(Bloomberg) — Shares of Agnico Eagle Mines Ltd. and Kirkland Lake Gold Ltd. fell after the two Canadian miners announced a “merger of equals” that offered investors a lower deal premium than other gold combinations.
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The C$13.4 billion ($10.6 billion) transaction, which creates one of the world’s biggest gold producers, follows deals among the world’s biggest gold producers that have reshaped the industry in recent years, though it offered a more meager premium than other gold producer takeovers.
Investors will receive 0.7935 of an Agnico share for each Kirkland share held, which represents a premium of about 1% over Kirkland’s 10-day volume weighted average price in Toronto trading, the companies said Tuesday in a statement. In comparison, Newmont Corp.’s takeover of Goldcorp Inc. in 2019 generated about a 17% premium, while Kirkland Lake’s purchase of Detour Gold Corp. later that year came in with about a 24% premium.
Barrick Gold Corp.’s 2018 takeover of Randgold Resources set the tone of offering low or no premium paid by the buyer, while mergers of medium or smaller sized gold companies have historically fetched higher premiums.
Agnico shares fell 0.7% to C$63.34 at 11:49 a.m. trading in Toronto, while Kirkland Lake dropped 7.7% to C$51.17 in its biggest intraday decline since November.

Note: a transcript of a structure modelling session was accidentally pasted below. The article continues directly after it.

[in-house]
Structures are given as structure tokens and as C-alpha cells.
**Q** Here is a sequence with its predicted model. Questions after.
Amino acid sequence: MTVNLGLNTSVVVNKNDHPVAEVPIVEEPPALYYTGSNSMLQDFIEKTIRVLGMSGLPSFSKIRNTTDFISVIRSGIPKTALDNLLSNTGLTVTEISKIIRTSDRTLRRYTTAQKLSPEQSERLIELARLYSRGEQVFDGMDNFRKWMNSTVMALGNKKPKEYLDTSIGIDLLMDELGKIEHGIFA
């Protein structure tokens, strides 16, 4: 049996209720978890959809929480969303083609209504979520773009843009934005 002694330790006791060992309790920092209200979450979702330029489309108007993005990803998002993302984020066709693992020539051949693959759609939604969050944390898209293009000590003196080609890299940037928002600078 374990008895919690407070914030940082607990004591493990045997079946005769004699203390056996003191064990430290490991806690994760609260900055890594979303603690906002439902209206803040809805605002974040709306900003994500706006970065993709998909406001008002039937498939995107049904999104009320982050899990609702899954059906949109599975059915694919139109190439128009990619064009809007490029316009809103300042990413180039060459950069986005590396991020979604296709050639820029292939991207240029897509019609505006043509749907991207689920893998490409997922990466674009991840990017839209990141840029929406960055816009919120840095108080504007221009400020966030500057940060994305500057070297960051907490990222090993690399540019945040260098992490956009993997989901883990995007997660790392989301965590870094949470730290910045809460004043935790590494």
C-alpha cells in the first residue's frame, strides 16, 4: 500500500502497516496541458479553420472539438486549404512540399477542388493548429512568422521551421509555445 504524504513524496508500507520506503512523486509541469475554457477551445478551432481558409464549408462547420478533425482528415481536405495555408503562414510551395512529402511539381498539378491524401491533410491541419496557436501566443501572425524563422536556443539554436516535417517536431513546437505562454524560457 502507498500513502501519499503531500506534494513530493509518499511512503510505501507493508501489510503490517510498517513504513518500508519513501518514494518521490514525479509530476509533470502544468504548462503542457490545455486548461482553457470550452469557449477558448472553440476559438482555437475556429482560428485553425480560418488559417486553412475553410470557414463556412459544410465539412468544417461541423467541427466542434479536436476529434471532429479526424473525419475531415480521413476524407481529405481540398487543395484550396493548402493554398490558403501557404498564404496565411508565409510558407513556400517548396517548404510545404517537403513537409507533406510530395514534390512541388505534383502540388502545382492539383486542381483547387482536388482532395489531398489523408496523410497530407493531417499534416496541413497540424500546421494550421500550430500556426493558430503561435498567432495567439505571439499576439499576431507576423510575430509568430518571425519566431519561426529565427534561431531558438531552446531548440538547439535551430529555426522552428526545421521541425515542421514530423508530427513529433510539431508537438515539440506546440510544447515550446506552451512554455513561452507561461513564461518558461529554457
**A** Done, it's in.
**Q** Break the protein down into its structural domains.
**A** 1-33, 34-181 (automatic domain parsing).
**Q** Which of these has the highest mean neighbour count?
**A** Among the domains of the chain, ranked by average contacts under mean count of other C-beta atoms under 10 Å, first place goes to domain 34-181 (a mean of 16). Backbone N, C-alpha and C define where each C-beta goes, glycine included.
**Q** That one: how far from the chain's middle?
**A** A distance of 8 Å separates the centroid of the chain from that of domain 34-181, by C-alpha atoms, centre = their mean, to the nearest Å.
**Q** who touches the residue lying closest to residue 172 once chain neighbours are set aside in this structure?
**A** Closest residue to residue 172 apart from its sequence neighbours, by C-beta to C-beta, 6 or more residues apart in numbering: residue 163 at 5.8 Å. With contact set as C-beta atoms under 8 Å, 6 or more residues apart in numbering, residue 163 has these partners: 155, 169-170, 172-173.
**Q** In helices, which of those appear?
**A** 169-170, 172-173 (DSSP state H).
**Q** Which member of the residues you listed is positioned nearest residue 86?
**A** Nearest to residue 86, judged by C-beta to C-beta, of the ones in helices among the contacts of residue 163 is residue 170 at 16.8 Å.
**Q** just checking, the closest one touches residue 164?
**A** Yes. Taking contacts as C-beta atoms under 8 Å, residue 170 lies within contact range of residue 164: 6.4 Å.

Agnico’s agreed to combine with Kirkland creates one of the top gold producers in the world, with mines and assets in Canada, Australia, Finland and Mexico and expected production of 3.4 million ounces of gold this year. The deal could herald more consolidation in the gold industry where investors look for deals that unlock value, add long-term value and platforms to last for a long time, Agnico Chief Executive Officer Sean Boyd said during a conference call with analysts.
“Both companies don’t have to do this,” Boyd said during the call. But “strategic rational makes sense and the industrial logic is there,” with a synergy of $2 billion over the next 10 years.
Gold mining reserves and mine lives are shrinking as a result of years of under-investment in exploration and development, while producers of the precious metal face rising production costs and inflation.
The merged miner will use Agnico’s name and have a board and management team drawing from both companies. Tony Makuch, currently Kirkland’s CEO, will take the top job once the deal is completed, while Boyd will become executive chair.
Agnico had been shied away from large deals in the past, but this deal is “more about a number of mines and location of mines in terms of manageability, rather than an overall ounce number,” Boyd said. It’s also about the exploration potential where the merged company will be able to grow deposits and lifelong assets in “good parts of the world where you can actually do business.”
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